“The Christmas-tree, as has been stated, was generally at Rome a different tree, even the fir; but the very same idea as was implied in the palm tree was implied in the Christmas-fir; for that covertly symbolised the new-born God as Baal-berith, ‘Lord of the Covenant’, and thus shadowed for the perpetuity and everlasting nature of his power now that after having fallen before his enemies, he had risen triumphant over them all. Therefore, the 25th of December, the day that was observed at Rome as the day when the victorious god reappeared on earth, was held at the Natalis Invicti Solis, ‘The birth-day of the unconquered Sun’ … the Christmas tree is Nimrod redivivus – the slain god come to life again”. (Hislop, p. 98).
“Baal-bereth, which differs only in one letter from Baal-berith, ‘Lord of the Covenant’, signifies ‘Lord of the fir tree'”. (Hislop, p. 98 footnote).
“‘Ail’ or ‘Il’, a synonym for Gheber, the ‘mighty one’ (Exodus 15:15), signifies also a wide-spread tree, or a stag with branching horns. Therefore, at different times, the great god is symbolized by a stately tree or by a stag”. (Hislop, p. 98 footnote).
Even the Christian Bible and the Jewish Tanakh record the heathen origin of the Christmas tree in Jeremiah 10:2-5 “Thus saith the Lord, ‘Learn not the way of the heathen and be not dismayed at the signs of heaven; for the heathen are dismayed at them. For the customs of the people are vain: for one cutteth a tree out of the forest, the work of the hands of the workman, with the axe. They deck it with silver and with gold; they fasten it with nails and with hammers, that it move not. They are upright as the palm tree, but speak not: they must needs be borne, because they cannot go. Be not afraid of them, for they cannot do evil, neither also is it in them to do good.”
“The English and American custom of hanging up sprigs of mistletoe at Christmas time and of feeling free to kiss anyone standing under them seems to go back to the Celtic enthusiasm for the plant”. (Biedermann, p. 224).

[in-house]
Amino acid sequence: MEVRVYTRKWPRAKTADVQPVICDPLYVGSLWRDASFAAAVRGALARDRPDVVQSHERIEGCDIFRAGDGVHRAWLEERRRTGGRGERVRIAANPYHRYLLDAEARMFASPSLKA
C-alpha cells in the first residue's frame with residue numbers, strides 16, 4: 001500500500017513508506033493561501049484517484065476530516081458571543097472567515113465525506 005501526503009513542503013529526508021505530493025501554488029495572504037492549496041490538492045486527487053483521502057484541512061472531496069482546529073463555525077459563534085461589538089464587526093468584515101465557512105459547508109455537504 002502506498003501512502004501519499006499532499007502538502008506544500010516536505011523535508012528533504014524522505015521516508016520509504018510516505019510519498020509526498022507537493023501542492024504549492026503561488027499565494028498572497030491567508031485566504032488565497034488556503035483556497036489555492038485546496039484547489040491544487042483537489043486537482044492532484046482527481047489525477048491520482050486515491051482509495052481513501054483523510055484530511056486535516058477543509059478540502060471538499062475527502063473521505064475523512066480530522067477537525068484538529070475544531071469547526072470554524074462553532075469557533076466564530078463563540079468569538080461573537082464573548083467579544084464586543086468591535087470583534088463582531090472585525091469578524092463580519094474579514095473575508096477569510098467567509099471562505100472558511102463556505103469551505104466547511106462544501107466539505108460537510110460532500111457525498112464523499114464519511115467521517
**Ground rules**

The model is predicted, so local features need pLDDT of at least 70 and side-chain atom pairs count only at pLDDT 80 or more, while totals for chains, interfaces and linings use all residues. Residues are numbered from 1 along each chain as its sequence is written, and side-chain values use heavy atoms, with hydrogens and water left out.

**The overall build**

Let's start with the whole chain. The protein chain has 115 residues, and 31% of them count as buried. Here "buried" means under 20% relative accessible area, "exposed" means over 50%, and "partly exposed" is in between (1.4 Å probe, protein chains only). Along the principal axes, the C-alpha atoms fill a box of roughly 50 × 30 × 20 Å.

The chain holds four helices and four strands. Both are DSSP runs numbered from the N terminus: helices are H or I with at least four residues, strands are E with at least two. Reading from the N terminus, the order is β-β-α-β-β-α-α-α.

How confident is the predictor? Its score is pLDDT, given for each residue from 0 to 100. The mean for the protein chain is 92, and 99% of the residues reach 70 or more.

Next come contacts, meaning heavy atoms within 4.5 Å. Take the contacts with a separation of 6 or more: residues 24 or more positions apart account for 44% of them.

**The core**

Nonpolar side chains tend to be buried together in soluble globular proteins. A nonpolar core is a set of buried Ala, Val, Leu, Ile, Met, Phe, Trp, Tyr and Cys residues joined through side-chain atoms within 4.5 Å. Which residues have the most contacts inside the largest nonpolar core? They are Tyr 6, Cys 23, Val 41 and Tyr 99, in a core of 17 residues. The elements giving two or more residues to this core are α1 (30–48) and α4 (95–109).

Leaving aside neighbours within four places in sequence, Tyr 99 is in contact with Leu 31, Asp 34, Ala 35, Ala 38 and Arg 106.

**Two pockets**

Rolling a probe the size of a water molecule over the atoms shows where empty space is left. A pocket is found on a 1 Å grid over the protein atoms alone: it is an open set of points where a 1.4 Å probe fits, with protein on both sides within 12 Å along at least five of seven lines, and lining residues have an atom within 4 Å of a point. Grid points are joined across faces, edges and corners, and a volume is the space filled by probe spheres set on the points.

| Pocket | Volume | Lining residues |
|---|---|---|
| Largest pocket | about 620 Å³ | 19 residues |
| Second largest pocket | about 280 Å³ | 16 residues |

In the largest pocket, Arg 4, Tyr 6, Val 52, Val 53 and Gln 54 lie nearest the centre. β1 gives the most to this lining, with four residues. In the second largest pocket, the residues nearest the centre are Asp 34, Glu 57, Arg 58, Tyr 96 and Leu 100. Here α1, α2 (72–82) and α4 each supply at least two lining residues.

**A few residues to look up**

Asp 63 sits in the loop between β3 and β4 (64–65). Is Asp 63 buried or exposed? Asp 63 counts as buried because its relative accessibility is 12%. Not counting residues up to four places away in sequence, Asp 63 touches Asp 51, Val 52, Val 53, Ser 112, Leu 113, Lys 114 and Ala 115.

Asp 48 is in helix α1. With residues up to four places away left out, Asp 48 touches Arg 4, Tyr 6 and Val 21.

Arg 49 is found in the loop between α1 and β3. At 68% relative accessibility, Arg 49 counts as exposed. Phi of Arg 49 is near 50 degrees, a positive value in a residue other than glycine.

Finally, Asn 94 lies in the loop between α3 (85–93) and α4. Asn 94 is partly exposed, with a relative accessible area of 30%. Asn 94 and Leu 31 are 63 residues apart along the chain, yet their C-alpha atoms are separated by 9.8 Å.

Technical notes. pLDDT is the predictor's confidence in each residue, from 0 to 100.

“As neither tree nor shrub, it symbolizes that which is neither one nor the other, which, by extension, is the realm of freedom from limitation, so that anyone under the mistletoe is free from restrictions, but also free from protection, and re-enters the world of chaos…” (Cooper, under Mistletoe).
“Two hundred years before Christ’s birth, the Druids celebrated the start of winter by gathering mistletoe and burning it as a sacrifice to their gods”. (Panati’s p. 68).
“Gathering mistletoe was an occasion for great ceremony and only sprigs that grew on sacred oak trees were collected – by the highest ranking priest, and with a gold knife …”. (Panati’s p. 69).
“During the Roman feasts of Natalis Solis Invicti and Saturnalia, patricians and plebeians bound sprigs into boughs and festively draped the garlands throughout the house”. (Panati’s, p. 69).
“…according to legend, it sprang up where lightning had struck a tree (especially an oak). Mistletoe growing on oak trees was especially prized …”. (Bruce-Mitford, p. 224).
“In the Breton dialect of Vannes, among the many words used instead of mistletoe, there is the curious name of ‘deur derhue’. “oak-water””. (Bruce-Mitford, p. 661).
Why was the oak held as sacred?
“In many traditions the oak was a sacred tree to which the privileges of the supreme sky-god were attributed, doubtless because it attracts lightning and is symbolic of Kingship…In all ages and among all peoples the oak has been synonymous with strength…at Sichem and at Hebron Abraham received the divine revelation in an oak grove…Odysseus on his return went twice to Dedona to ‘hear the will of Zeus from the high-crested oak of the god’…the druids’ priestly quality entitled them to both wisdom and strength and the oak symbolizes both…” (Chevalier & Gheerbrant, pp. 709, 710).
“Mistletoe is the Golden Bough of the Druids and Aeneas and represents the sacred feminine principle with the oak as the male.” (Cooper, under Mistletoe).
“Oak…Christian: a symbol of Christ…Druidic: the sacred tree…Graeco-Roman: Sacred to Zeus/Jupiter…emblem of Cybele and of Silvanus and in Greece of Philemon…Hebrew: The Tree of the Covenant…Scandinavian and Teutonic: Thor’s Tree of Life; also sacred to Donar. Oak groves were places of worship in Germanic rites.” (Cooper, under Oak).
“…for the Druids, it was the oak which was also the sacred attribute of the Germanic god of thunder and the (Greek) King of the gods, Zeus”. (Biedermann, p. 351).